Since the pump has spring-loaded valves, it can be installed vertically or horizontally depending on the available space. It requires only an electrical connection to terminal 15 of the ignition, where it is powered as soon as the ignition is turned on and immediately begins to deliver and prime fuel toward the carburetor.

The pump is polarity protected, so if + and - are mixed up, the pump will not be damaged but will not run. On vehicles with positive ground, only the electrical wires must be reversed when connecting to the pump.

The pump must be installed in such a way that no resonance floor is created. This can be achieved by additional rubber buffers.

In addition, the pump must be installed tightly, the lines must be secured with hose clamps or, in the case of screwed connections, must be countered; this is particularly important for the 9912 pump.

Only if the pump is installed tightly, it will run quietly and only a slight click will be heard.

During the priming process the pump is much louder.

All pumps are leak-tested on the test bench and leave the factory leak-tight.

During operation, dirt or dirt/threads/chips can of course settle in the valve, so that the valve no longer closes completely and the pump sucks in very poorly and is very loud.

For safety reasons, we always recommend the use of a safety shutdown when installing an electric fuel pump.

Basically, we believe that we have the right pressure for each carburetor due to our three pressure ranges. Thus, a pressure reducer would not be necessary from our point of view - if nevertheless one is desired (for safety 🙂 ) it is available in the store.

Topic Filter

In recent years, the subject of filters has become increasingly important and is certainly one of the most important reasons for a functioning system with the HARDI pump. Basically, for us the correct line away from the tank is as follows....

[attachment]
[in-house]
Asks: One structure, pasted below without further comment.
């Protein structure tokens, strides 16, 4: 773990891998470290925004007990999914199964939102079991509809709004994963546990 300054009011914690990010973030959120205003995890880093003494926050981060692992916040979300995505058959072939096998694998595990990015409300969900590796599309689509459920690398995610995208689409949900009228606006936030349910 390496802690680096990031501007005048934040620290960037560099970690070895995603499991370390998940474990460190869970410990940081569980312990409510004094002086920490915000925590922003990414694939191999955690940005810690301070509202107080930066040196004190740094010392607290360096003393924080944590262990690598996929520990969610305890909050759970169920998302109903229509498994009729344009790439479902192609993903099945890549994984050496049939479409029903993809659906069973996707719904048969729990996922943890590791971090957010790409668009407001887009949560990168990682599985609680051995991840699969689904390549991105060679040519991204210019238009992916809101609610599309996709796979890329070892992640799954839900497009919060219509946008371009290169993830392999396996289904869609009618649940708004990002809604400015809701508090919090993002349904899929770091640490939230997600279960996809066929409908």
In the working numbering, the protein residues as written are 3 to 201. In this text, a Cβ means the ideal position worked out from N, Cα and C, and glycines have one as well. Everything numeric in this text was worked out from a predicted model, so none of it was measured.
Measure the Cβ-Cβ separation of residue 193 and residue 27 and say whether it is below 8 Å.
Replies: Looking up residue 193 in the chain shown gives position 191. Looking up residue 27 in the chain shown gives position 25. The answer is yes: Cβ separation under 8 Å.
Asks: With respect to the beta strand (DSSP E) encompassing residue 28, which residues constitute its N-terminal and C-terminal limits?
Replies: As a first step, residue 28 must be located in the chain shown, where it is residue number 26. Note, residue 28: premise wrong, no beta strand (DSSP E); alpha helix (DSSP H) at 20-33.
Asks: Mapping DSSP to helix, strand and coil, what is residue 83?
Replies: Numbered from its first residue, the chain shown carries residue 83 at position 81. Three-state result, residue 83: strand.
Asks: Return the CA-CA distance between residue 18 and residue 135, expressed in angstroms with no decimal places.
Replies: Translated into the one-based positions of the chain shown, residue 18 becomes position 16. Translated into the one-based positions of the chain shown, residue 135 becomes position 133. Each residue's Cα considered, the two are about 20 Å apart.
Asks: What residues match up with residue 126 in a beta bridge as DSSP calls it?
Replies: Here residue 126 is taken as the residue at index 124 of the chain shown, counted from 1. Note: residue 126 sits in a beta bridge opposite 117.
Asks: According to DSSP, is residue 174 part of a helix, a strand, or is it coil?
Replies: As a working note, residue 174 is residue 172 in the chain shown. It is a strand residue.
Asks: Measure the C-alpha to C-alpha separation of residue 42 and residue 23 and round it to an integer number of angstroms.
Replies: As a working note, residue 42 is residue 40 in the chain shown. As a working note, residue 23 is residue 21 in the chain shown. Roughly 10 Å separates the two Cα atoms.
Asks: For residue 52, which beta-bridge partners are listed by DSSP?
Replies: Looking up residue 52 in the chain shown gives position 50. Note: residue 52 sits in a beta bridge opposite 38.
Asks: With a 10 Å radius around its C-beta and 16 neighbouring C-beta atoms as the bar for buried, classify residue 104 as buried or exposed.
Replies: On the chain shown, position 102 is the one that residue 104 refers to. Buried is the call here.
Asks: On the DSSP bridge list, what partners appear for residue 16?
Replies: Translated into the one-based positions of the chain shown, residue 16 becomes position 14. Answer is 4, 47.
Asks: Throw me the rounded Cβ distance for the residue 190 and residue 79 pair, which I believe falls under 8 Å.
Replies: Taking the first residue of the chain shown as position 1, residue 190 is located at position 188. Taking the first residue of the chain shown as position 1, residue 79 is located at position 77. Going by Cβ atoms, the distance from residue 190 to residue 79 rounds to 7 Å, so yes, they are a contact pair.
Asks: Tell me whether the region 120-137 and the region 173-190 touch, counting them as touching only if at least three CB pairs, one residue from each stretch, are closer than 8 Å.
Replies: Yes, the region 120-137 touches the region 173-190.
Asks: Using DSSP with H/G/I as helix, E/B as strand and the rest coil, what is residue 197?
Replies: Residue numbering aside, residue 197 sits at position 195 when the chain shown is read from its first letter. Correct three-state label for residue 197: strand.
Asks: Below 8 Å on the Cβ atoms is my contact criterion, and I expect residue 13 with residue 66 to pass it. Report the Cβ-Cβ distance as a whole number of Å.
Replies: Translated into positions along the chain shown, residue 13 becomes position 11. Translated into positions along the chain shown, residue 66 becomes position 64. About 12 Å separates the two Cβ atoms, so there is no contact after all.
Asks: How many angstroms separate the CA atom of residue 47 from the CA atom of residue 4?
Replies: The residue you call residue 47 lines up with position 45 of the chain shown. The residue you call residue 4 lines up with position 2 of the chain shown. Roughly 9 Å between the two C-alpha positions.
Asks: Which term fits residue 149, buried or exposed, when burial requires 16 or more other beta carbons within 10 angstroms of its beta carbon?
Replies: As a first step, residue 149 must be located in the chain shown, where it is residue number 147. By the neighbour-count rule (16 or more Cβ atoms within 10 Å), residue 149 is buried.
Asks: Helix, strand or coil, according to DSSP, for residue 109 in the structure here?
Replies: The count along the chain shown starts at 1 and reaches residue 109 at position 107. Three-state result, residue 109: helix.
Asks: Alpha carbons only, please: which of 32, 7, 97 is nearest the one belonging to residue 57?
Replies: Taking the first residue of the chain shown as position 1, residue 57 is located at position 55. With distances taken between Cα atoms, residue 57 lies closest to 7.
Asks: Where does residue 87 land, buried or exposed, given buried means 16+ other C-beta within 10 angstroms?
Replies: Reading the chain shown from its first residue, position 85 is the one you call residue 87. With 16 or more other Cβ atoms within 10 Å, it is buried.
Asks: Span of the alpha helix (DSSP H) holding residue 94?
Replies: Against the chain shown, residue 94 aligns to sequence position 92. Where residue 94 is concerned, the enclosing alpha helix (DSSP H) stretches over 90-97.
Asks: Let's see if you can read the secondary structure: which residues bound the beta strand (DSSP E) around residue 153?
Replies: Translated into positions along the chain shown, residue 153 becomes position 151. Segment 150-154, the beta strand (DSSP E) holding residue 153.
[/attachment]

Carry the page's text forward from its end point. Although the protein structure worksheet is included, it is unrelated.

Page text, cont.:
Thus, our preference is no filter in front of the carburetor. Our HARDI pump works with the back pressure of the carburetor and therefore obstacles (like the filter) are counterproductive regarding the proper function of the HARDI pump. Through many conversations with customers we know that systems can still work (i.e. even with a filter in front of the carburetor). However, we want to talk about the optimal installation here....

We have tested about 15 different small filters in the last 7 years and can only really recommend the following filters with a clear conscience. The experience is basically with all "bad" filters that too much power and thus flow rate is taken from the pump. This in turn can lead to under-delivery of fuel in some cases.

Likewise, we always point out that the HARDI pump should also be protected from dirt. However, this does not mean that a filter is installed before and after the pump. This would also be counterproductive and the system with the HARDI pump would probably not work for long.

Now here are the filters that passed our test as successful. The loss of flow rate was about 5-8L/h

Fuel filter 8mm from Pierburg 4.00030.80.0

Fuel filter 6/8mm from Mahle Knecht KL 63 OF

Fuel filter 8/10mm from SF SK3759

From our point of view, changing these filters once a year/season is enough and everything should be don't need anything more, not even anything that is more expensive.... 🙂